“I have it on authority that you did,” said Lisp. “Was it electric or gas? I would think electric would be better. But then again it would take awhile for electric to warm up.”

“It was a hotplate,” said Kline.

“A hotplate?” said Low Voice. “Good Lord, a hotplate?”

“So, electric?” asked Lisp.

“I didn’t have anything else,” said Kline. “There was only a hotplate.”

“And then, once cauterized, you turned around and shot him through the eye,” said Lisp. “Left-handed no less.”

“Maybe,” said Kline. “But that wasn’t in the papers. Who told you that?”

“I have it on authority,” said Lisp. “That’s all.”

“Look,” said Kline. “What’s this all about?”

“Opportunity, Mr. Kline,” said Low Voice. “I told you already.”

“There’s a plane ticket waiting under your name at the airport.”

“Why?” asked Kline.

“Why?” asked Lisp. “Because we admire you, Mr. Kline.”

“And we’d like your help.”

“What sort of help?”

“We must have you, Mr. Kline. Nobody else will do,” said Low Voice.

“No?” said Kline. “Why should I trust you? And who are you exactly?”

Lisp laughed.

“Mr. Kline,” Lisp said, “surely by now you realize that you can’t trust anyone. But why not take a chance?”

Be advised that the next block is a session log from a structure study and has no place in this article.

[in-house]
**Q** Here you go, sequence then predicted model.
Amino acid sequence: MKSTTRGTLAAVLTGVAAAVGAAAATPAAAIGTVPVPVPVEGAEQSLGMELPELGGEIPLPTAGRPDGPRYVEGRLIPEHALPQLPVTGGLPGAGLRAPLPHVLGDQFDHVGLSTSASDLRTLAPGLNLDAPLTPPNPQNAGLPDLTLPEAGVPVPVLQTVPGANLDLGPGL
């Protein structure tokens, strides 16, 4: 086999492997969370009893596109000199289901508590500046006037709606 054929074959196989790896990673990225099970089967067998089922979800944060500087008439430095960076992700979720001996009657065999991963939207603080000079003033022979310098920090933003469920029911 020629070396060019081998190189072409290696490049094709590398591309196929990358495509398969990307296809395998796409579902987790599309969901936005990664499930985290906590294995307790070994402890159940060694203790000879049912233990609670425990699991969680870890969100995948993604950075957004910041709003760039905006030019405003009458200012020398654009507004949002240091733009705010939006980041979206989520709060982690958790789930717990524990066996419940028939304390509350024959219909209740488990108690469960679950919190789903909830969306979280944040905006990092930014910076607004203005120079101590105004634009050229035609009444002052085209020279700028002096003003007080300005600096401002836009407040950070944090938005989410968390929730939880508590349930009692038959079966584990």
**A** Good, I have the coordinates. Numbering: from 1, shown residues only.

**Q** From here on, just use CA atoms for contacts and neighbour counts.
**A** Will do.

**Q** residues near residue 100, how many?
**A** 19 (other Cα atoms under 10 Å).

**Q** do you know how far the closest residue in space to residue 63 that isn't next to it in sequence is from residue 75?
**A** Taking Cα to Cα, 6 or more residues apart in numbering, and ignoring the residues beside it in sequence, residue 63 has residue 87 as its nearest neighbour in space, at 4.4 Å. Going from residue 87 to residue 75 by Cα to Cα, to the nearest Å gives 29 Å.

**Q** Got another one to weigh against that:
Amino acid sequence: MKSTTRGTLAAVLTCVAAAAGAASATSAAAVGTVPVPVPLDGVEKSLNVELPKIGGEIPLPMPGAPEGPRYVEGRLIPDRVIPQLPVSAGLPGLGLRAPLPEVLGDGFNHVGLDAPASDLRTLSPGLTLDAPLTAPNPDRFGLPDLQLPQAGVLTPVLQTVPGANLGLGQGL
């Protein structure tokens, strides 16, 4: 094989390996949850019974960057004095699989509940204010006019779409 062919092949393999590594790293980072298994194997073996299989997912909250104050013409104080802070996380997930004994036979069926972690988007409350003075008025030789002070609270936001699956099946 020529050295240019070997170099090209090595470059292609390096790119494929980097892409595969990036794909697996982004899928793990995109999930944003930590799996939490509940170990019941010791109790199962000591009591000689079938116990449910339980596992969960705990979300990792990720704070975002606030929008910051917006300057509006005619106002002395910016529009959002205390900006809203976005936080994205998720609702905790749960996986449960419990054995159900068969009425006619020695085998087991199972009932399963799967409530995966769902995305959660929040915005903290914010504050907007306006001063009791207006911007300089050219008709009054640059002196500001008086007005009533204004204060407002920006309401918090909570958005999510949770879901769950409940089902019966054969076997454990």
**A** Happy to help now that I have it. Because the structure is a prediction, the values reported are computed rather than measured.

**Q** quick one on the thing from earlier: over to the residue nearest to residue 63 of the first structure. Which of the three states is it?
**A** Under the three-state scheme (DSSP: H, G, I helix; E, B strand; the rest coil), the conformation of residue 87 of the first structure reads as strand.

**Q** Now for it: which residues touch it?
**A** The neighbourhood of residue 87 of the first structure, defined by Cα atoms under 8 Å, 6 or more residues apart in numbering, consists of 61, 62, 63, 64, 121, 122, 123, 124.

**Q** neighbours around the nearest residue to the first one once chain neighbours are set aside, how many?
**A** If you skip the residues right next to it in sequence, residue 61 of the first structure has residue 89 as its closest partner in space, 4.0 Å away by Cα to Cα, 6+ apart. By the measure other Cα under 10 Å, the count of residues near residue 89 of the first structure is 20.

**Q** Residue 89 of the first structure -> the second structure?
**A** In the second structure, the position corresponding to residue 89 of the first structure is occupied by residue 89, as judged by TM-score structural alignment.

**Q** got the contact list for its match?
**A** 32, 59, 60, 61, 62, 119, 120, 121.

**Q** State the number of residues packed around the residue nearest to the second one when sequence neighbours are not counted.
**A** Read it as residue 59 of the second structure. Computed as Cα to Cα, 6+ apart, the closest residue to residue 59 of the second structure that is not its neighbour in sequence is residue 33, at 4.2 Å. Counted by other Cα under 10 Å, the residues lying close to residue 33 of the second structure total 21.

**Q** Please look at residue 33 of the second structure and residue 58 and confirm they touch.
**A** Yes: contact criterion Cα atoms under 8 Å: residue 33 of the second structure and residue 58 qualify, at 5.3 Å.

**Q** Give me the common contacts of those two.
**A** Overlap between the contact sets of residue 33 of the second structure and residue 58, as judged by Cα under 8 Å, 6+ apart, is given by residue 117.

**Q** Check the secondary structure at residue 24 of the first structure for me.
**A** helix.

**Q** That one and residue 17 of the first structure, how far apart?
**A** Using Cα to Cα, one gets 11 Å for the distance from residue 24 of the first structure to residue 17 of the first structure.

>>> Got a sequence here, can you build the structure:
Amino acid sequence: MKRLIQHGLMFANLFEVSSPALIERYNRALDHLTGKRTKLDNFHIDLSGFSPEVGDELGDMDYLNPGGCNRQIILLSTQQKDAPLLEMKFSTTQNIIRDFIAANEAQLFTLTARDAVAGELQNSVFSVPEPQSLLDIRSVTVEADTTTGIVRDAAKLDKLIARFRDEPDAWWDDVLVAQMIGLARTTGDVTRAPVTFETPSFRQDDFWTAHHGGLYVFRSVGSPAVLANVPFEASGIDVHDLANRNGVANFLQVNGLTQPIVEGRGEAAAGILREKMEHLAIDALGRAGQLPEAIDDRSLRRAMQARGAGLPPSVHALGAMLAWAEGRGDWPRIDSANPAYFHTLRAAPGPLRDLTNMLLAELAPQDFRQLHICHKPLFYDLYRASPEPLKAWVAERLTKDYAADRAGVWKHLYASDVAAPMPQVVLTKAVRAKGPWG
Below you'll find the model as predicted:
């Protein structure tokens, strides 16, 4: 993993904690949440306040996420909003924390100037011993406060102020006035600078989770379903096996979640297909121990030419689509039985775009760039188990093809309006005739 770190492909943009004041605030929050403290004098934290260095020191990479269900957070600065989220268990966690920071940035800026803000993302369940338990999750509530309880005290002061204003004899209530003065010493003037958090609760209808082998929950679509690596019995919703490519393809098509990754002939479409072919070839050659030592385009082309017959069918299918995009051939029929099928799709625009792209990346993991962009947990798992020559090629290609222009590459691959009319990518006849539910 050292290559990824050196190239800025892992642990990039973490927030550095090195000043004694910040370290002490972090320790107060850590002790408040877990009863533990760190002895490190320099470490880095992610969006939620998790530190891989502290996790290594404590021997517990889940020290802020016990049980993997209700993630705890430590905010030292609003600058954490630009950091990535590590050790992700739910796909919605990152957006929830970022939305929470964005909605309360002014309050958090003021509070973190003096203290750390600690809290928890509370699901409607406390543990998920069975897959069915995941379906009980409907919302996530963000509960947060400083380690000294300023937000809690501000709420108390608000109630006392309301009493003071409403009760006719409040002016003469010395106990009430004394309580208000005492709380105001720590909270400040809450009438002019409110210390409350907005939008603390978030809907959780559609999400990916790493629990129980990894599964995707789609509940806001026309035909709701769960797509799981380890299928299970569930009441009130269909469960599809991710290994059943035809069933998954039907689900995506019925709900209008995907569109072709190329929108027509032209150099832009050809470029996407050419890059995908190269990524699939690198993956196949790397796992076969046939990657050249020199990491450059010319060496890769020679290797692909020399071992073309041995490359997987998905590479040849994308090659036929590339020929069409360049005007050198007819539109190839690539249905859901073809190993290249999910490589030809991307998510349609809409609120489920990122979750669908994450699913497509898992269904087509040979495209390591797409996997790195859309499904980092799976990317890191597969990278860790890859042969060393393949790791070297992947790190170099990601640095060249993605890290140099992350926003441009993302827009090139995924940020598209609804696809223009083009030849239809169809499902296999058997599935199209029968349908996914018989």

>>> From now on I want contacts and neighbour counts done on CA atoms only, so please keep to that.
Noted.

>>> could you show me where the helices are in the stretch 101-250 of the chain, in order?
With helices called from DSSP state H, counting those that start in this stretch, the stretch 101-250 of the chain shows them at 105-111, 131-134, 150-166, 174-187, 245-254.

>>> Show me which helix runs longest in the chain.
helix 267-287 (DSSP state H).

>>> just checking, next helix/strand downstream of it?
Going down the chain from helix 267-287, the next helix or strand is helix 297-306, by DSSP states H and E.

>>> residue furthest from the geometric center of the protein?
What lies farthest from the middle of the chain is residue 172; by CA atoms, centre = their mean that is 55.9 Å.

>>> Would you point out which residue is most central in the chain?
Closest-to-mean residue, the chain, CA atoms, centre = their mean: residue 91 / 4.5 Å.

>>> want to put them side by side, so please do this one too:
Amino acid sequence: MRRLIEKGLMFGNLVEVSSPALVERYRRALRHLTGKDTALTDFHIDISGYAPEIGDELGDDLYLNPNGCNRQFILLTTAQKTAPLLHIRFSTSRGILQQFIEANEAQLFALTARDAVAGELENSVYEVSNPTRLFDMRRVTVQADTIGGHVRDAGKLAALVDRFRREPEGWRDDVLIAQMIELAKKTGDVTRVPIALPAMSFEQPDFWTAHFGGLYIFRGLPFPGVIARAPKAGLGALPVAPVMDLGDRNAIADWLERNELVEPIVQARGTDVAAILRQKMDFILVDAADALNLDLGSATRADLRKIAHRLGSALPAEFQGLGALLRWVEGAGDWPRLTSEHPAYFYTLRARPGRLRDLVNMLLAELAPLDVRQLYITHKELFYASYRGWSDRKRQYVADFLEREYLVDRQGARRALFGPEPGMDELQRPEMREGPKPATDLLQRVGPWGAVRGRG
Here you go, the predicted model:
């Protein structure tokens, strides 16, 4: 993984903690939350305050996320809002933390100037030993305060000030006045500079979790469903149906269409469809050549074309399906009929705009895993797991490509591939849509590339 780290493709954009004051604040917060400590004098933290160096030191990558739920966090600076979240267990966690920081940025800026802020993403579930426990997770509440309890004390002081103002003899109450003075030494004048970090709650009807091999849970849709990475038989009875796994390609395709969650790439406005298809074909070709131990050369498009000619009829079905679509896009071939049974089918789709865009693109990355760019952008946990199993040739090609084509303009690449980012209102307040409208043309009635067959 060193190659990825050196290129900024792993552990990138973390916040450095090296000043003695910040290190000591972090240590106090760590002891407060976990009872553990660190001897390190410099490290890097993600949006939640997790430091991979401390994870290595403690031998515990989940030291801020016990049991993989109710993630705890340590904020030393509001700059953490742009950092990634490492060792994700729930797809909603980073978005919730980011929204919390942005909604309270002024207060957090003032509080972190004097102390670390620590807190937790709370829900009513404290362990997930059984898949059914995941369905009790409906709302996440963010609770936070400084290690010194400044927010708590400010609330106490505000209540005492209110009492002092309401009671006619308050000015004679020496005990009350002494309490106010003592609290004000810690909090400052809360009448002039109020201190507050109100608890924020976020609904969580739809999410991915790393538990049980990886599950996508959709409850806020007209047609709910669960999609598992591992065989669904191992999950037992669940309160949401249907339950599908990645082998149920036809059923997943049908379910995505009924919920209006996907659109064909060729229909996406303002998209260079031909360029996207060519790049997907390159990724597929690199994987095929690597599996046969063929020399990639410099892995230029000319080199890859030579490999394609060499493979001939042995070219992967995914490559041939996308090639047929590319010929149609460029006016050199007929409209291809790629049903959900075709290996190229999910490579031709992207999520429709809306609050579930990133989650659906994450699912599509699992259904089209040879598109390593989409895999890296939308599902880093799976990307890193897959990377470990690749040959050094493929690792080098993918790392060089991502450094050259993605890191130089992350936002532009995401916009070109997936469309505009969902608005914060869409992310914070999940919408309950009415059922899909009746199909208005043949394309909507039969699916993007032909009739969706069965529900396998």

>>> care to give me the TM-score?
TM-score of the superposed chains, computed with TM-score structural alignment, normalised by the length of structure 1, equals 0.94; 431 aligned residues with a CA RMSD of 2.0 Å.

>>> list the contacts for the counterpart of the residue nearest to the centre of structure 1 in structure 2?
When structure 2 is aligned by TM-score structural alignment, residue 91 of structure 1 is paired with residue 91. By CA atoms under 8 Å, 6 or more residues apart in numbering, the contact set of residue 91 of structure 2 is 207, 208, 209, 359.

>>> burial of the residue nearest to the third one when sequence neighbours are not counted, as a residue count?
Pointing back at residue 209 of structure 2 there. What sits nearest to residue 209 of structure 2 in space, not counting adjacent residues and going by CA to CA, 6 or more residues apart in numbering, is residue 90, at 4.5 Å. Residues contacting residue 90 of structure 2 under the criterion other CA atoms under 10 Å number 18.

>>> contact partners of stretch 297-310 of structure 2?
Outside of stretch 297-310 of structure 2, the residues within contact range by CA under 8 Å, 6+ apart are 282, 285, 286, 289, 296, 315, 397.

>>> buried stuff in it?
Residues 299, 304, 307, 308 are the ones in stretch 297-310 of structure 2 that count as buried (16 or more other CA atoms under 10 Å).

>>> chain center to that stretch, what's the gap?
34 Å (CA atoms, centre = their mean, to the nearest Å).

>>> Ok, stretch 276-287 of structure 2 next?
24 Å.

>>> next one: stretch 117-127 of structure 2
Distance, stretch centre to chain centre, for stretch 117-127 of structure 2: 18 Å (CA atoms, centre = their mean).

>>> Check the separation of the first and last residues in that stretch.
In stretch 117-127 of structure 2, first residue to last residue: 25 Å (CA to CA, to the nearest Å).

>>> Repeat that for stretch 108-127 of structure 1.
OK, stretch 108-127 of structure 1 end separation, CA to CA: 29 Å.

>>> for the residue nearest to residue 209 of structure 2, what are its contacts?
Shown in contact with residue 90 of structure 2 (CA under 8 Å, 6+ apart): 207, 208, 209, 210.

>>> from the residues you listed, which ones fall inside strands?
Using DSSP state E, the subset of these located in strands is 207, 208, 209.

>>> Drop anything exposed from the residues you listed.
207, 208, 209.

There was no reason to go. It was not a question, as Low Voice had suggested, of either a desk job or their offer, whatever their offer happened to be. The pension he had received was enough to live on. Plus, right after he had lost his hand and cauterized the wound himself and then shot the so-called gentleman with the cleaver through the eye, he had taken the liberty, in recompense for the loss of his hand, of helping himself to a briefcase containing several hundred thousand dollars.
This he saw as a profoundly moral act in a kind of moral, biblical, old testament sense: an eye for a hand, and a bag of money thrown in. The fact that the eye had had a brain and a skull behind it was incidental.

So, in short, there was no reason to accept the invitation. Better to stay put, have a lifelike prosthetic made to fit over the stump or, at the very least, wear and learn how to use the hooks that had been given him. Perfect a game of one-handed golf. Purchase a drawerful of prosthetics for all occasions. Buy some cigars. All of life was open to him, he told himself. Opportunity could knock all it liked.